Each of the women on this list is powerful in her own right, but many of these women recognize that an even greater strength lies in the power of numbers.
Take Inacom CEO Laurie Benson, who has set it motion a major nationwide initiative to expand the Make Mine a Million $ Business Program. The program, launched in 2006 by the non-profit Count Me In for Women's Economic Independence group, provides financing, mentoring, marketing, technology and other resources to women entrepreneurs. The group's goal: to help one million women entrepreneurs reach annual revenues of one million by 2010.
Benson learned about the program through Cisco, a sponsor for the group, which had asked her to host a panel it was sponsoring for women business owners. In true entrepreneurial fashion, Benson recognized that the program, which is currently run at the national level, could also be expanded on a state-by-state basis and she approached the head of the organization with her idea.
"I was so impressed with what they were doing and I thought what would happen if this took place on a state-by-state level and instead of being a one-time event, it became an ongoing sustainable effort, where we link all of the resources available in the state to this program, " Benson says.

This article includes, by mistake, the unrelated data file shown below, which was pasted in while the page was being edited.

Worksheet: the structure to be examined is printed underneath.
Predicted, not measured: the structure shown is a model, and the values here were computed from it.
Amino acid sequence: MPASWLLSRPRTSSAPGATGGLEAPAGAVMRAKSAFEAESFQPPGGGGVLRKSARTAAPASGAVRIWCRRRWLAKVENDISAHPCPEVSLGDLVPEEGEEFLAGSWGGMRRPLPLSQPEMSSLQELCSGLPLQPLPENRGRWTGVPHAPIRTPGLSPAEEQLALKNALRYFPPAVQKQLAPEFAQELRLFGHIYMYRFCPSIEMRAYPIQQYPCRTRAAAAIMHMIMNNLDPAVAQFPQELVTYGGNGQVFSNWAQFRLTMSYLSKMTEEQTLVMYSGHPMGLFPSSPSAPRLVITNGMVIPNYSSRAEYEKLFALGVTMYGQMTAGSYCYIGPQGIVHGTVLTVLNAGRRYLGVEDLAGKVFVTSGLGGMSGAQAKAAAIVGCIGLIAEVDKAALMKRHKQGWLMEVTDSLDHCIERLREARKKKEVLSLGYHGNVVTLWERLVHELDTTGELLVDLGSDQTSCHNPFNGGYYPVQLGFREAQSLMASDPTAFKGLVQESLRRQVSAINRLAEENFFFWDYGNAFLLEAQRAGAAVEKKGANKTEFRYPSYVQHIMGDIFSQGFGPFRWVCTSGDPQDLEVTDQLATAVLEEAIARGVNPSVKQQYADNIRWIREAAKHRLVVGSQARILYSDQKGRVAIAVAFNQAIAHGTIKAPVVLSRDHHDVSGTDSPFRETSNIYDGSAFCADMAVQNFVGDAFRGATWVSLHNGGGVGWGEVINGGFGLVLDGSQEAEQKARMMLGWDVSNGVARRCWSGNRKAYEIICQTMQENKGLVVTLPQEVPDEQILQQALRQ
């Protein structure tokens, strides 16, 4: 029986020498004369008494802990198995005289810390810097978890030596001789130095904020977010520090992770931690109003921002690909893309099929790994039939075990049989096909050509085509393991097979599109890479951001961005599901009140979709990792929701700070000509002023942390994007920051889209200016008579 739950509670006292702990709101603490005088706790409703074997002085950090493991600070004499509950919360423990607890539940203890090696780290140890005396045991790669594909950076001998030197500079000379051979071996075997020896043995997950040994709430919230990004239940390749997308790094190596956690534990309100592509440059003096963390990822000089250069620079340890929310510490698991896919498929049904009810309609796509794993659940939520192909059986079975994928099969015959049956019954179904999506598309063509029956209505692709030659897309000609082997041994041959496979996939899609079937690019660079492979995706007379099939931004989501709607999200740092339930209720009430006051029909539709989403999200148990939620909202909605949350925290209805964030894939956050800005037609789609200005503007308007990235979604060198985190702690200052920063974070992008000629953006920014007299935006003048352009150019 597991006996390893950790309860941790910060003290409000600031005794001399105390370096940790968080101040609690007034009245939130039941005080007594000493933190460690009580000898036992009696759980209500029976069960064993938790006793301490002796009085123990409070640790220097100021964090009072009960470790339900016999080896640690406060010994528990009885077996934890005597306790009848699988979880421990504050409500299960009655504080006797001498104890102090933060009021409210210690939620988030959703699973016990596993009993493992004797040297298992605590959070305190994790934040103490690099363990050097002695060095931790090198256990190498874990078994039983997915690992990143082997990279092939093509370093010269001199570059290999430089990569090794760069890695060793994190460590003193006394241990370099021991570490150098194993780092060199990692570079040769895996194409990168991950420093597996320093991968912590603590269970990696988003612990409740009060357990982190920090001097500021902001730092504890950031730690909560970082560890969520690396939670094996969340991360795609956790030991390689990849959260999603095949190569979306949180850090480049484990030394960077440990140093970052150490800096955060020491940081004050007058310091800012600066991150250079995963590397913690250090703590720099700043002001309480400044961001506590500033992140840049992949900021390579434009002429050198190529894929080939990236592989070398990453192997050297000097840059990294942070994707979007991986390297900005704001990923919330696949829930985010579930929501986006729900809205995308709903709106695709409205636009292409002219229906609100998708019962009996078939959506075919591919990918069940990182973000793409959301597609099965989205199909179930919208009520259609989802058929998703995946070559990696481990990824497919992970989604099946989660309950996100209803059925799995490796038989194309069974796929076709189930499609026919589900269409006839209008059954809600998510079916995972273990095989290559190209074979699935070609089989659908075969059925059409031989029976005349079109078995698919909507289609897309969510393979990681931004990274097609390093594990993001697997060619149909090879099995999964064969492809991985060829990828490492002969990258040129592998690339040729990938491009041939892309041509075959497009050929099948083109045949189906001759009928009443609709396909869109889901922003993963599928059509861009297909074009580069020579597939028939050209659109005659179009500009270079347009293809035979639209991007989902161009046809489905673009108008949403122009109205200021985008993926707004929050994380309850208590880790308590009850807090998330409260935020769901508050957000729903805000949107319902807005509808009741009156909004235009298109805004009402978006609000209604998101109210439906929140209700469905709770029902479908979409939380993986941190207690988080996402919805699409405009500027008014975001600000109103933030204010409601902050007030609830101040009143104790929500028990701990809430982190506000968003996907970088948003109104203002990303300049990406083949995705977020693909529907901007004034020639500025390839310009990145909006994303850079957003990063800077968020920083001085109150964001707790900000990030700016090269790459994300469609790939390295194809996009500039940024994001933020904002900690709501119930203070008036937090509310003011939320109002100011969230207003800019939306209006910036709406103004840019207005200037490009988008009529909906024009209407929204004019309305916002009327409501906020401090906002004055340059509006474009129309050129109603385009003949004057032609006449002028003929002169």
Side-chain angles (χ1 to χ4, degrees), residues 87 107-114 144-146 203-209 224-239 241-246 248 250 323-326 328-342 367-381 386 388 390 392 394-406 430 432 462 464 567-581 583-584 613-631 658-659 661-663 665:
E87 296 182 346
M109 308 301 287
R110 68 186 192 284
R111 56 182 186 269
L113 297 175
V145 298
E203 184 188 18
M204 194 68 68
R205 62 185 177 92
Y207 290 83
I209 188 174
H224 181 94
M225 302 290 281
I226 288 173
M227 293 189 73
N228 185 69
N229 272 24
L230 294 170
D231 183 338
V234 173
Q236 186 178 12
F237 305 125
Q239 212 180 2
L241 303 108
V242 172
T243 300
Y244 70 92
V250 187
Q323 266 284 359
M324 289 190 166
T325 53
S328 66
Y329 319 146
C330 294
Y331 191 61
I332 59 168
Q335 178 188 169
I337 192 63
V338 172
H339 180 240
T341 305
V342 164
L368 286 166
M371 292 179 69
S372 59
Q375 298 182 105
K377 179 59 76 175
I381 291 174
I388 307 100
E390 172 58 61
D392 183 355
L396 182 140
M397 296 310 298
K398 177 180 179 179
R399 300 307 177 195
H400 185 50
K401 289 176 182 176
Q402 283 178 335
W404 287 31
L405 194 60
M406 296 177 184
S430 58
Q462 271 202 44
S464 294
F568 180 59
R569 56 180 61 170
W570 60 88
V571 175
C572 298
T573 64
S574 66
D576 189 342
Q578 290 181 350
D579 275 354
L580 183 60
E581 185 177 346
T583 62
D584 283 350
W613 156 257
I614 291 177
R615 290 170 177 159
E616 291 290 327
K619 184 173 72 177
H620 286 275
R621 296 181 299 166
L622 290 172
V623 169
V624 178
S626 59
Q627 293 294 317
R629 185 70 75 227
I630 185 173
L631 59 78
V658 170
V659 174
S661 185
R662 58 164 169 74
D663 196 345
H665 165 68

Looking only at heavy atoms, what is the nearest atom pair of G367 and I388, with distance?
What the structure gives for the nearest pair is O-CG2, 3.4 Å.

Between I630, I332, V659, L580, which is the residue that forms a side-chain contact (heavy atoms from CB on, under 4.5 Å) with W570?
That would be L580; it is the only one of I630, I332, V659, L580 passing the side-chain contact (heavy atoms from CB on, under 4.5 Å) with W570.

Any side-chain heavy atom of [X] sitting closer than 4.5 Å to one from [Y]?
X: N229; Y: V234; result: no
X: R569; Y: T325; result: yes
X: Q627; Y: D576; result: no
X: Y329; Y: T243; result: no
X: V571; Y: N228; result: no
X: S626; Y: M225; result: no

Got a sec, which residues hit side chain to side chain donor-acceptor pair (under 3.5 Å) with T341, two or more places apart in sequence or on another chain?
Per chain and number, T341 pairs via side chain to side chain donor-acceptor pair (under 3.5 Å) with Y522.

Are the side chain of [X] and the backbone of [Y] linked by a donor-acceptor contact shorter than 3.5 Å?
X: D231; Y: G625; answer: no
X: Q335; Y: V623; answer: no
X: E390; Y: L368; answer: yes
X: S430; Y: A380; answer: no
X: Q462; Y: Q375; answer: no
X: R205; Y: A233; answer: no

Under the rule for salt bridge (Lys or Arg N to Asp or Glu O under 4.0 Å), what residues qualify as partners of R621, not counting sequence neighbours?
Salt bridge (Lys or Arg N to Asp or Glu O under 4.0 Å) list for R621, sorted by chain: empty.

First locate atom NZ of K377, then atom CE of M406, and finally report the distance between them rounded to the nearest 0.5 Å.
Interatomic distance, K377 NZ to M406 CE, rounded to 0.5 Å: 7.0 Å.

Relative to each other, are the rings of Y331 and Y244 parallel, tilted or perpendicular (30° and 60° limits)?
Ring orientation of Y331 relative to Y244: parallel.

Benson now sits on the group's board and this spring ran a pilot version of the program in Wisconsin, which was so successful that the group has decided to expand at the state level.
Benson is the first to tell you she is not alone in her efforts to unite women; in fact, there is a groundswell of women's programs forming throughout the channel.
Cisco's Luanne Tierney, senior director of North American channel marketing, for example, has formed an initiative to unite women throughout the company's channel business. As part of the initiative, Tierney hosts an annual event that draws women from all ranks within Cisco's channel group to network, form mentoring relationships and learn from experts in communications and branding.
While vendors are formalizing such groups inside companies, other grassroots efforts are springing up among women across the I.T. industry.
Angela Trillhaase, with Meridian Group, for example, is heading up one such group. The group's mission: to champion the advancement of women in the technology channel of distribution through education, networking, recognizing excellence, promoting leadership and positioning its members at the forefront of the evolving IT channels arena.
Now, that's a mission the entire channel should embrace.